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ICLR 2020 | Virtual Conference Openly Available Online; No Best Paper Awards This Year

ICLR 2020 accepted 687 out of 2,594 papers and drew over 5,600 participants from nearly 90 countries.

The ICLR 2020 virtual conference wrapped up this weekend, with generally favourable reviews from participants and a number of areas for future improvements identified by organizers.

A surprise came from ICLR 2020 General Chair Alexander (Sasha) Rush of Cornell Tech, who revealed without elaboration in an April 30 conversation on the conference general group chat that “PCs [program chairs] decided against having best paper this year.”

Like other AI conferences impacted by Covid-19, this year’s International Conference on Learning Representations (ICLR 2020) was moved completely online, where it ran relatively smoothly from April 26 to 30. The ICLR yesterday made the entire virtual conference available in open-access, enabling anyone to access the content and explore the virtual conference portal.

The conference was originally scheduled for Addis Ababa, Ethiopia, but this aspect was cancelled on March 10. Organizers made a number of adjustments to enable and encourage networking for conference participants, such as opening various virtual rooms and scheduling socials. “Organising the 8th international conference on learning representations (ICLR 2020) was highly challenging, but ultimately, highly rewarding for our organising committees,” the organizers wrote in an official blog post.

One of the world’s major machine learning conferences, ICLR 2020 accepted 687 out of 2,594 papers and drew over 5,600 participants from nearly 90 countries — more than double from 2,700 physical attendees of ICLR 2019. Each of the papers was presented by its authors through pre-recorded videos, and every paper was presented twice (in two separate sessions) considering global time zone differences.

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ICLR 2020 received more than a million page views and over 100,000 video watches over its five-day run. All posters were widely viewed as part of a live conference, with an average of 200 unique views per paper page.

The virtual conference created a new environment in which organizers were able to try out — albeit in a more rushed manner than they might have liked — many of the machine learning approaches that the conference itself showcases. “We used a latent variable model for review score calibration, a vision model to extract thumbnails from each paper to be used on the web, natural language tools to visualise related papers, and recommender systems to create sets of balanced recommendations for papers and participants,” explained the organizers.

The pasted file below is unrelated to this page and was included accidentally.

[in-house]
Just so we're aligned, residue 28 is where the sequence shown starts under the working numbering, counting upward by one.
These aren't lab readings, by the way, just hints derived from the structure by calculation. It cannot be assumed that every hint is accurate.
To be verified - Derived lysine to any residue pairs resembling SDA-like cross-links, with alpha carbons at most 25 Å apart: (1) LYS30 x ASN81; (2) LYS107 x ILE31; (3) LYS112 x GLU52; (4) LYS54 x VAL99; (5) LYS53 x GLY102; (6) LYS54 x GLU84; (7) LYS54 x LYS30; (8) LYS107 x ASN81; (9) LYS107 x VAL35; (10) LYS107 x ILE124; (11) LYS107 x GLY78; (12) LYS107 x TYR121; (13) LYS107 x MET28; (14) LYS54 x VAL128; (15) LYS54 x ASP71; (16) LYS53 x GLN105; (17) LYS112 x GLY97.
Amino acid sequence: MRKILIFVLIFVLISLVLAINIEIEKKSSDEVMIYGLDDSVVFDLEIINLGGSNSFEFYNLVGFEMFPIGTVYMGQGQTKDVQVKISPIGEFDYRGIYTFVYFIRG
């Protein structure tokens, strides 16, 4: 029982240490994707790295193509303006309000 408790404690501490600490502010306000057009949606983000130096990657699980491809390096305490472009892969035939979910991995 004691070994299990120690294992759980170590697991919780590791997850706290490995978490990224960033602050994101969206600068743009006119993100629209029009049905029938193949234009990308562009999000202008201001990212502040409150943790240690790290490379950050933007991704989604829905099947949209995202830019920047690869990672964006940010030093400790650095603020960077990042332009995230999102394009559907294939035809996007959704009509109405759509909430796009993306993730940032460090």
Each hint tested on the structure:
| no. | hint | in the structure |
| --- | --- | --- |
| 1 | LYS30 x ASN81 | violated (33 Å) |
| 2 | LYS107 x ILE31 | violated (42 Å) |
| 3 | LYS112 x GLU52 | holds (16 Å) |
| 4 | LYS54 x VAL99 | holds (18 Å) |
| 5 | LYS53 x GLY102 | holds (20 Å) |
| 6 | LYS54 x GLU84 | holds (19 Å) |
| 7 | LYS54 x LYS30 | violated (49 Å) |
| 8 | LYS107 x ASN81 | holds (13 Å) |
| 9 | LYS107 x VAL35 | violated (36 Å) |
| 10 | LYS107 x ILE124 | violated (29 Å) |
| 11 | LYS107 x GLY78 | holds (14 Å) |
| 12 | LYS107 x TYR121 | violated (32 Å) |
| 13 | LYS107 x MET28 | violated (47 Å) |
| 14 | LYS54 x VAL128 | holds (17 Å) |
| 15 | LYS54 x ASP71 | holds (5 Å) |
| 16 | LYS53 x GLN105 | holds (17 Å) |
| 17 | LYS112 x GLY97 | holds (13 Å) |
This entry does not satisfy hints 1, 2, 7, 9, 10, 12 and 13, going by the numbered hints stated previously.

“We wanted to build something that was fun to browse, async first, and feels alive,” tweeted Rush, who’s also responsible for coding the virtual ICLR website. The main interface for example was inspired by the idea that “the main success in async communication has been chat apps like Slack.”

Considering that the entire virtual conference was put together within about six weeks, Graham Neubig thinks the organizers did a “ridiculously amazing job.” An assistant professor with the Language Technologies Institute of Carnegie Mellon University, Neubig tweeted: “I’m in awe that they were able to pull this together in such a short time.”

Neubig also opined that the interactions aspect of such virtual conference remains a challenge, tweeting “I was able to efficiently browse papers, but less chat with friends about new ideas… I had nice conversations with junior researchers presenting papers, but don’t think I met any other professors in video chat at all.”

The conference hosted a total of 29 official socials throughout the week, although the organizers say these were not as globally diverse as they would have liked. The coverage of topics was also lacking, and organizers believe that given more time they could have made better calls for particular socials topics to facilitate improved interaction between attendees.

For future virtual conferences, the organizers also recommend pre-arranged video meet-and-greet sessions, mentorship programs, and even standing virtual coffee sessions, and hope the community can explore additional ways for improving interactivity.

There was plenty of positive feedback from participants, with Landing AI Founder and CEO Andrew Ng tweeting “I’m really enjoying the new #ICLR2020 website, and am having fun browsing the workshop & poster talks. Congrats to the organizers and speakers on what’s happening so far in this all-virtual conference! Great job!” There were even some welcome lighthearted moments, with NLP company Hugging Face for example rebranding as “(not Hugging for the moment) Face,” and also giving the virtual conference top marks.

The organizers say ICLR 2021 will be held the first week of May, but it remains undecided whether this will be a physical or virtual conference or some combination of the two. Synced will provide updates as further information becomes available.


Journalist: Yuan Yuan | Editor: Michael Sarazen

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